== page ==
Wednesday, November 2, 2011

Treating disease is easier than treating patients

Patients don't always do what you want or expect them to do. My professors have often said that it's easy to know what needs to be done to fight a disease, but it's hard to make sure the patients actually do it.

Here's an example to illustrate the point. This is true story. No joke.

A women brought her teenage son in my professor's office one day because he had a red eye. He looked at it and saw that it was a bacterial infection and wrote him a prescription for some antibiotics. He gave them the paper with the prescription and told the mom to make sure her son took it every day, and then to come in again for a follow-up exam in a week.

A week later, the mom brought her son in again and the infection had gotten worse. He couldn't understand what was wrong, so he asked her if he's been taking the prescription.

"Yes, every day!" she replied.

"Okay, show me how he does it."

The women pulled out the piece of paper with the prescription on it and she proceeded to rip a small piece of it off, rolled it into a ball, and popped it into the boy's mouth. She had been giving her son pieces of the paper instead of filling the prescription.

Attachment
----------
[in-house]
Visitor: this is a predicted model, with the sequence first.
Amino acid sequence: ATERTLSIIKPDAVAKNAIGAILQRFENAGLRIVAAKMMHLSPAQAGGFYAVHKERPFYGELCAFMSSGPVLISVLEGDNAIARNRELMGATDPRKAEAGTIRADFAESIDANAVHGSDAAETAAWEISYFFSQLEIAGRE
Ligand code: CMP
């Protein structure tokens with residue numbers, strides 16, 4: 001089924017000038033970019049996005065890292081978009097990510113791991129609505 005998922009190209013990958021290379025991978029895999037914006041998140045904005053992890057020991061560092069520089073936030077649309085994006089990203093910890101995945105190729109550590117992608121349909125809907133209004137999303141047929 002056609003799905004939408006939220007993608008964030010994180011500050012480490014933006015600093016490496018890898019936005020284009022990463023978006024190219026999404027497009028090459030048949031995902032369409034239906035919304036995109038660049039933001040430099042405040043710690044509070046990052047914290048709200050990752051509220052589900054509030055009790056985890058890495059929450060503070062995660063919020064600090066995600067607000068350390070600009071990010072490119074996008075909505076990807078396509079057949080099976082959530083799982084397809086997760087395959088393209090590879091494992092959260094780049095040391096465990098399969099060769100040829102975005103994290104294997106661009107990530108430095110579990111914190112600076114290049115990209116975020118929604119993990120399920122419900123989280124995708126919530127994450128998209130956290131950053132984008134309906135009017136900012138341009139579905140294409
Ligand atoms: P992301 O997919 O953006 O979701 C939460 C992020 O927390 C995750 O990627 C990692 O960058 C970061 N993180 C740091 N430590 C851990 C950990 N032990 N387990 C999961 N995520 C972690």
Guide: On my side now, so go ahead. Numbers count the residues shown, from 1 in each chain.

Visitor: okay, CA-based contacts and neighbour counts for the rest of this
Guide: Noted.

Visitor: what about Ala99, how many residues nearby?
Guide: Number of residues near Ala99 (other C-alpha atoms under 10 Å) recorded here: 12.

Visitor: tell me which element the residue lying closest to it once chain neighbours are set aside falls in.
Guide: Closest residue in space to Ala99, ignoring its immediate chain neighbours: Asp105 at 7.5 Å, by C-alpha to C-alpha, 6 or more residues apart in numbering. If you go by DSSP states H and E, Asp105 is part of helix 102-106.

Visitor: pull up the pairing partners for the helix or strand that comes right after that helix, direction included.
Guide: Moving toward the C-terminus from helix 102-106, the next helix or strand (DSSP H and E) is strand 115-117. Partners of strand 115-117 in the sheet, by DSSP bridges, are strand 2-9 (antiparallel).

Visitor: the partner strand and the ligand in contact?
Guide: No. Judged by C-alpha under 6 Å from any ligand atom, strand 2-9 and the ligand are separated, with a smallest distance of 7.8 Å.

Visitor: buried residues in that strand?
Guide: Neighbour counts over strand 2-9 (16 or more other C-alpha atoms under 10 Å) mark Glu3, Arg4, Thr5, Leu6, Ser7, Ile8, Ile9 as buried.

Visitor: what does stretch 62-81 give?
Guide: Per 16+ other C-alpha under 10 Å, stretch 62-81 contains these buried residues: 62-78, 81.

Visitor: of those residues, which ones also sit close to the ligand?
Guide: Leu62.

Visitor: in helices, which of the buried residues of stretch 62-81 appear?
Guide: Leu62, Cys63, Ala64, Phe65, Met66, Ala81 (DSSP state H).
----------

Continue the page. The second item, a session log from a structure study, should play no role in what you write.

Moral of the story: don't assume anything. If you are going to expect the patient to do something, make them show you that they know how to do it before you let them out of the office.


Anna said...

No way. That is crazy.

Kathy Haynie said...

Really and truly? In this century? How could someone think that??? That's worse than my freshmen...

Lisa Lou said...


But seriously. I took a class on how to be a good librarian and one of the things that was emphasized ALL THE TIME is don't assume ANYTHING. People are dumb. Well, that wasn't part of the class, but it's like in a relationship - sometimes you have to seriously have the most basic conversation and feel stupid to make sure you're on the same page with someone you're talking with.

Katie said...

1. Gross.
2. I am only thinking of mean things to say about those people. That is what comes of spending an entire two days with a cranky two year-old.

alison said...

oh my gosh. it's stories like this that make me doubt the human species.

Rebecca said...

This post reminds me of my favoritest book about miscommunication between doctors and patients. The Spirit Catches You and You Fall Down, by Ann Fadiman. Seriously. It's a worthwhile read.